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The trouble with Talent

The following was written by a coaching colleague for his team...
 

The Trouble With “Talent”

 

We are a new team. One of the parents recently asked me if I saw any real talent among our small roster of athletes. He is a parent of a child who would be considered talented by any objective measure, so I felt it important to fully explain my position to regarding "talent". I resisted my usual answer of, “the harder you work, the more talented you become” and tried to give him a better understanding of the use of the talent tag. I figured I would post this article so everyone has that same understanding.

 

Let’s be honest. Some people have more gifts in some areas than others. It is good to know your strengths and weaknesses. Armed with that insight, you are better prepared for self growth and actualization. There are some people who naturally have a better feel for the water, more inherent strength or any of the other skills sets or physical attributes that make a great swimmer. That said, no one makes a national team on talent alone. There are a lot of factors that go into real success in the pool.

 

If a newer swimmer hits the water and has some immediate success, it is easy for us to attribute that success to “talent”. I have seen countless parents gleaming with pride when everyone around them at a meet tells them how talented their swimmers are. I have also seen many well meaning parents tell their children the same thing. Herein lies the trouble with a talent-based mindset of success.

 

When a swimmer believes their success is based on their talent, they can easily associate their future defeats as a lack of talent. If, over time, much of the swimmer’s own self worth has been linked with their perceived “talent” level, the swimmer might not be as likely to take chances and try new events because they may fail; and doing that might reveal that they are not very talented after all.

 

This perception of talent-based success and failure can eventually make a swimmer anxious at meets and lower their enjoyment of the sport overall. They are not in total control as the winner is the one with the most talent. I have seen numerous young swimmers, ones who were identified as “talented” early on, quit the sport when other swimmers “caught up” to them at later stages of development.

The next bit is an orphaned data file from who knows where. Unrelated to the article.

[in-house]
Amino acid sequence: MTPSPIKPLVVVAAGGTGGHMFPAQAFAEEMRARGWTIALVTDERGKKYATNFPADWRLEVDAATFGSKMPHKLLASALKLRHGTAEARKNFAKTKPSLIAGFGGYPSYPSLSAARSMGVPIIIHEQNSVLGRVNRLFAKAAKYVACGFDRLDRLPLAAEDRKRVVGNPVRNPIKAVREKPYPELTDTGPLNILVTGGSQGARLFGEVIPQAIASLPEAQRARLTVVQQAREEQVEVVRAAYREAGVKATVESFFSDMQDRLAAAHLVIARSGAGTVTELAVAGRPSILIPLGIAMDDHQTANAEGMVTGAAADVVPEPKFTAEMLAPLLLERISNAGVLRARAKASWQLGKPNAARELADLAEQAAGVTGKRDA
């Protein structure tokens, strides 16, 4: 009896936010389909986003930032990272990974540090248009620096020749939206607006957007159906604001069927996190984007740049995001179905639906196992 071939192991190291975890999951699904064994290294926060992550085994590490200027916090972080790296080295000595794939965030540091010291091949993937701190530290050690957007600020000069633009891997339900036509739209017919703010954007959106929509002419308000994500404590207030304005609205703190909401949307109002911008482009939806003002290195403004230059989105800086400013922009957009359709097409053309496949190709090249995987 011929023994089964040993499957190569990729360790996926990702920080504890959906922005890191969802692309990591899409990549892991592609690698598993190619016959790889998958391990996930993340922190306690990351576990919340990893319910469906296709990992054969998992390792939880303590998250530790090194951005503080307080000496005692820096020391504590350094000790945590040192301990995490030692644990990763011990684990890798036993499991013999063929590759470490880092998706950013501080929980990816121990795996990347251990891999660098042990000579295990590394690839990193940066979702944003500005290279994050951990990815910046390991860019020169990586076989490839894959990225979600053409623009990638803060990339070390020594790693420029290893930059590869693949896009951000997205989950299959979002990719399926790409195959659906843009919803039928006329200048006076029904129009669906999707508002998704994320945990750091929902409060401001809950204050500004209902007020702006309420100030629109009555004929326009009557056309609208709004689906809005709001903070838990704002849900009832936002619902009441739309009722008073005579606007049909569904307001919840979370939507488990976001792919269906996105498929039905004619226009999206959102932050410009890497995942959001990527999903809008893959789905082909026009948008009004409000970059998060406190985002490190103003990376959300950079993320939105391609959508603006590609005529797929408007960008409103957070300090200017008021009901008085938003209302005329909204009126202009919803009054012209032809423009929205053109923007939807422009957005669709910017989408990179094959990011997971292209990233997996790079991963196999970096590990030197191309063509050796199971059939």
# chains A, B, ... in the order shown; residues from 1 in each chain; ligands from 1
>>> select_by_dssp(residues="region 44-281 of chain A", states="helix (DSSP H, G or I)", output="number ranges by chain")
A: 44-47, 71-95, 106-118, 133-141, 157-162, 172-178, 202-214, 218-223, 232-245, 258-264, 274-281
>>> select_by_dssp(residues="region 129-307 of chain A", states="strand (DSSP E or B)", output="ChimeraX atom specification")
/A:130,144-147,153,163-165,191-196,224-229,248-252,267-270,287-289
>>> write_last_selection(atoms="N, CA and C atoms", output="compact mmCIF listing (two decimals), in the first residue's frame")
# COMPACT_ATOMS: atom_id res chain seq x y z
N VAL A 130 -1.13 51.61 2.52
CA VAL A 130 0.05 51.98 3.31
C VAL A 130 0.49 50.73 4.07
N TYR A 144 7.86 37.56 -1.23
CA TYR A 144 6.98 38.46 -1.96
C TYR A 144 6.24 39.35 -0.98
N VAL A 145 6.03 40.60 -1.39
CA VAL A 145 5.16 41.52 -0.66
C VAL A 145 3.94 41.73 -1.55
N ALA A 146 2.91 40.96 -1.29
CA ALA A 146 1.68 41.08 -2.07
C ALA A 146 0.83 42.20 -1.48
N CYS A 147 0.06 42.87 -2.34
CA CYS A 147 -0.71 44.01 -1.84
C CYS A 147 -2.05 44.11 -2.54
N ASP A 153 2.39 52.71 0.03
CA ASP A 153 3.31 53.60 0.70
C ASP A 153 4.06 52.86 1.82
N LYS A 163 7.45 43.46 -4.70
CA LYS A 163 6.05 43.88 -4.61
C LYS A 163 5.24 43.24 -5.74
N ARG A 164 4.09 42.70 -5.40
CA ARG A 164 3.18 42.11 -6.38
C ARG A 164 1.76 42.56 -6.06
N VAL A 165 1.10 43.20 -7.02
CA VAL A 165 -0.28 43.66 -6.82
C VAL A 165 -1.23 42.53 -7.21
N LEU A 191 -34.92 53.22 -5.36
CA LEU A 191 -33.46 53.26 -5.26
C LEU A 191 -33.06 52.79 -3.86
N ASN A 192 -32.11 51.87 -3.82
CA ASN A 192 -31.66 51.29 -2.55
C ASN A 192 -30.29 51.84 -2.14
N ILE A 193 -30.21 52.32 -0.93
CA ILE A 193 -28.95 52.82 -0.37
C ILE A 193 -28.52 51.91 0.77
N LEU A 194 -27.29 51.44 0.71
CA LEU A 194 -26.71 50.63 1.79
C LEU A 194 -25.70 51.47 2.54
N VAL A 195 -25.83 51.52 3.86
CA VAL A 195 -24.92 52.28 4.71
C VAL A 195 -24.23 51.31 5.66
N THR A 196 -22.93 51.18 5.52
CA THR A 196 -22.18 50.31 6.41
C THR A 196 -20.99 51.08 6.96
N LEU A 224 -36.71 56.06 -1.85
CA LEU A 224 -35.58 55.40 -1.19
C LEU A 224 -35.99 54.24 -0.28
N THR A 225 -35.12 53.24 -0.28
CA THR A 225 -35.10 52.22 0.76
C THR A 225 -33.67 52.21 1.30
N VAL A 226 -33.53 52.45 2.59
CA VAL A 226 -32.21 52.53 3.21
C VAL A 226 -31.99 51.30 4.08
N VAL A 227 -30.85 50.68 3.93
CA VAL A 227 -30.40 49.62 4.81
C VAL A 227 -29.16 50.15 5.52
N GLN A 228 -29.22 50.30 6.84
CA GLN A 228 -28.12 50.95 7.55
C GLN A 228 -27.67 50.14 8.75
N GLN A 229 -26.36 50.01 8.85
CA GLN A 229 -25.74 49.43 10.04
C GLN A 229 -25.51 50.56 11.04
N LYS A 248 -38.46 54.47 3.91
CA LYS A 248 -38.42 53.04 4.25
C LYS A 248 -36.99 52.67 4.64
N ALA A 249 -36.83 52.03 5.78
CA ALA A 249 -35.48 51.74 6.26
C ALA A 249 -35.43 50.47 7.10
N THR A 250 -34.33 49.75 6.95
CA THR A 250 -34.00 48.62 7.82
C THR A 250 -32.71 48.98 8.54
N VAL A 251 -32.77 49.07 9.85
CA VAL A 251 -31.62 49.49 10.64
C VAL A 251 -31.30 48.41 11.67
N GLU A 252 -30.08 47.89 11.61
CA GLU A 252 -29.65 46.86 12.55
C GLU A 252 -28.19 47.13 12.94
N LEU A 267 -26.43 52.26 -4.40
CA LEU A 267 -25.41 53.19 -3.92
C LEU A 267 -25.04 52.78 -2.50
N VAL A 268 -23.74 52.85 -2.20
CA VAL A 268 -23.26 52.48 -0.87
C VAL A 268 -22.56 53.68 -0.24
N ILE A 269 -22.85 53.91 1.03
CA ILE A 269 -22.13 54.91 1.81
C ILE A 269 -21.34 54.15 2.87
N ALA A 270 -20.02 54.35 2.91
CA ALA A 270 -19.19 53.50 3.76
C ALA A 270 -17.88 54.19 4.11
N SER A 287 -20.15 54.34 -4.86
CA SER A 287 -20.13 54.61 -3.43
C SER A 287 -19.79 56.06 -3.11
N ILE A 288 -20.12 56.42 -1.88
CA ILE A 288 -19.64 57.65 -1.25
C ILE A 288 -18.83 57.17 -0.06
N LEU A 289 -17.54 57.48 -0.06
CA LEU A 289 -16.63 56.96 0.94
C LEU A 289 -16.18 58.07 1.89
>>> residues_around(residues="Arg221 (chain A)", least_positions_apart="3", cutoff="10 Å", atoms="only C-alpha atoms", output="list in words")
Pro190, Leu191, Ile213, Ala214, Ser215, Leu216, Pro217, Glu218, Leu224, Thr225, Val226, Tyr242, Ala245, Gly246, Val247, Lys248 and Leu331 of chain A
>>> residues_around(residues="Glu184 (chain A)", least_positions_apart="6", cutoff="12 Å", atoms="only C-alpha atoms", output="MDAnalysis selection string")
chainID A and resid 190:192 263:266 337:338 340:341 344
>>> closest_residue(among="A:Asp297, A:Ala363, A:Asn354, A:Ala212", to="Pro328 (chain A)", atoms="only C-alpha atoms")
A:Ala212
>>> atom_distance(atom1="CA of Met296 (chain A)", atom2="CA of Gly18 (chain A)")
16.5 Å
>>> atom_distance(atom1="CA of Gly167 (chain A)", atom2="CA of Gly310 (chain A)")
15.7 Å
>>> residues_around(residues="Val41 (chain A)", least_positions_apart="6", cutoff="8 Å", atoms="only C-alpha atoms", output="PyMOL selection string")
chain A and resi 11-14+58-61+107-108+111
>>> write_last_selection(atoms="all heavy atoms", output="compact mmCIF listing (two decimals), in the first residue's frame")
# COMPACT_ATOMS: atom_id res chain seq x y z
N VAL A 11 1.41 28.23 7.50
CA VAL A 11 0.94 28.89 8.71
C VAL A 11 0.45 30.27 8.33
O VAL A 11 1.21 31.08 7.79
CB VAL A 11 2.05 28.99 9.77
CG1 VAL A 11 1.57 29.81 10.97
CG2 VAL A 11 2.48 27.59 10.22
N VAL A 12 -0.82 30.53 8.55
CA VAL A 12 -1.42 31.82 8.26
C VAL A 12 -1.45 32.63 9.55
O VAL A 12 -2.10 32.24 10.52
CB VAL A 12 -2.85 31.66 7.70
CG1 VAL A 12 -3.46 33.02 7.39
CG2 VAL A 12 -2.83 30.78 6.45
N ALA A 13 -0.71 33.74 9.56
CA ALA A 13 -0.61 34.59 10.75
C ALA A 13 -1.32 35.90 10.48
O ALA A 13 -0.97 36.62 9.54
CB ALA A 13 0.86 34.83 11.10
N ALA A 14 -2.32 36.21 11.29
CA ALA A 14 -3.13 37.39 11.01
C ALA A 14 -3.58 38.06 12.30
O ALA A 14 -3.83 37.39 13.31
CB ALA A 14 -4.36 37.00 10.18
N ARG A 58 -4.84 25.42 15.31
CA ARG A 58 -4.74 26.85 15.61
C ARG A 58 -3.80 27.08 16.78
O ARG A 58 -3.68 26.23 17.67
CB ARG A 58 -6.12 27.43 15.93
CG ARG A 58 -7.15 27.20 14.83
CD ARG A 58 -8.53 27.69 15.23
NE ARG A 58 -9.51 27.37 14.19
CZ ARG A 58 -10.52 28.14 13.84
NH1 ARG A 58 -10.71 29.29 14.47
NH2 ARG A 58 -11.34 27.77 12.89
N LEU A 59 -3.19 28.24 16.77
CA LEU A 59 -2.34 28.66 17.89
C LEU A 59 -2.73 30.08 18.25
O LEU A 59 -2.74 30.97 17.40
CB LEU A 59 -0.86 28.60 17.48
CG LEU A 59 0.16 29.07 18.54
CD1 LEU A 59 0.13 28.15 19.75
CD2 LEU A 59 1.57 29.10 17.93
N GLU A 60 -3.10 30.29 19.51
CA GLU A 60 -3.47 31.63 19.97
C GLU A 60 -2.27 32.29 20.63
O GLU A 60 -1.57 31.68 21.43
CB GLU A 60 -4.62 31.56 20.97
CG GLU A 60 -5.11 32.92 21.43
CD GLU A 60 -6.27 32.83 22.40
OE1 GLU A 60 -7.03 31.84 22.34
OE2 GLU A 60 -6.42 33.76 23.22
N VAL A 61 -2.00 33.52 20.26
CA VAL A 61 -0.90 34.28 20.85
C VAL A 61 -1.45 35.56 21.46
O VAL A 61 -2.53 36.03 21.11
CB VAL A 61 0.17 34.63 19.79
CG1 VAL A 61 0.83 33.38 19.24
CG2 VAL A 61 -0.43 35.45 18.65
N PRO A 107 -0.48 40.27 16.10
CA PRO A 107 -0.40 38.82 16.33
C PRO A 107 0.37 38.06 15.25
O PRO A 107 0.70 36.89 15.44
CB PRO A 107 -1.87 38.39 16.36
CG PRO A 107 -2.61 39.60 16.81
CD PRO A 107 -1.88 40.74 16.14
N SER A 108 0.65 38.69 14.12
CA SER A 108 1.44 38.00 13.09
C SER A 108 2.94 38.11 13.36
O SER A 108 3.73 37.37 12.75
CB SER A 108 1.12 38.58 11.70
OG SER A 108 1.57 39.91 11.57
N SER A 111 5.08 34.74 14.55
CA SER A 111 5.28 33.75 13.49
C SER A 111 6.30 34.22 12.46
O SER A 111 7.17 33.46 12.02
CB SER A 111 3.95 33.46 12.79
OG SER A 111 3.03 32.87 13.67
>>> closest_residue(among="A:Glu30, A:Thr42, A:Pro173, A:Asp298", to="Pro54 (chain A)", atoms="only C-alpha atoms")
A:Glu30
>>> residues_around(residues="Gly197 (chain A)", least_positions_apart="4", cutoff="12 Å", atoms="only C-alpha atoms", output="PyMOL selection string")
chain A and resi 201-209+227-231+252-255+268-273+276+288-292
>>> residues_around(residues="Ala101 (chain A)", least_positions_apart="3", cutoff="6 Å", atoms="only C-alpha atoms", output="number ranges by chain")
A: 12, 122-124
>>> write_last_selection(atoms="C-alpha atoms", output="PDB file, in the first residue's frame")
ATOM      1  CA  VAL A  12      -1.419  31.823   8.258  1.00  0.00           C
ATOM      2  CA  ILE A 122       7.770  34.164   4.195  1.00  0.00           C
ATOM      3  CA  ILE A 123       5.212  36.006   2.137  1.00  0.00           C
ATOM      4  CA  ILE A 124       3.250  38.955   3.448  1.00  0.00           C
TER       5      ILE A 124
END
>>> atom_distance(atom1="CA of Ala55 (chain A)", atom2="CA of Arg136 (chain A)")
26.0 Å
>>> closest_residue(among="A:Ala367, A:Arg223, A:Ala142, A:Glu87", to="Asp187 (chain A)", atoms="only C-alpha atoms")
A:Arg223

Perhaps the child matured earlier than his or her peers. Perhaps they came from a swim family and had a lot of early exposure to the sport. There could be numerous reasons for their early success. Losing a swimmer to the sport like this is a preventable shame; one that could have been avoided if they didn't have the “talent” tag pinned on them early in their careers.

 

Let’s look at early success in a different light.  Instead of identifying the successful early efforts as talent-based, let’s attribute that success to their “preparation” for the event. If the same swimmer mentioned earlier was praised for their great preparation habits, future defeats might not seem to be based on a lack of talent, but rather a need for better preparation.

 

Since the swimmer was now praised for their ability to properly prepare for their meets, they would, over time, associate hard work with success. New challenges and events would not be seen as potentially revealing their “lack of talent”, but rather as new opportunities for successes. After all, they have learned that you become successful through preparing properly, not simply by relying on physical gifts.

 

Here is another added benefit of this approach. Since we praise the preparation, we empower the swimmer to be more involved with their daily workouts, their nutrition and the other aspects of being ready at season’s end.  Since all of these factors are a big part of their preparation efforts, they have more value in a preparation-based model of success. In this type of team culture, the swimmer is more willing to put forth the efforts needed on a daily basis; especially during the tougher sets.

 

In a talent-based model of success, it’s more about what you have than what you do. Why do you need to put in the hard work when you are taught you are "naturally" better than everyone else? In every championship environment I have ever been a part of, a love and respect for preparing properly was paramount to our successes. If you had a gift, great; but it would be a waste not to fully develop it for your personal, and team's, benefit.

 

As we continue to build our team’s culture, let’s try to associated the swimmers’ future successes with their preparation, not their innate talent. In my view, talent is simply potential...and the streets are littered with wasted potential. Real long term success belongs to those who are willing to maximize their potential, by training with focus day in and day out, to properly prepare themselves for their challenges and goals. That is the environment that fosters champions; and it is the one we want on deck and in the stands for our athletes.

 

This brings me back to my usual response to the talent question. After reading this article, I hope you can see it in the light it is intended:

 

The harder you work, the more “talented” you become.


Here’s to preparing properly, swimming fast and enjoying the process every step of the way.

 
    
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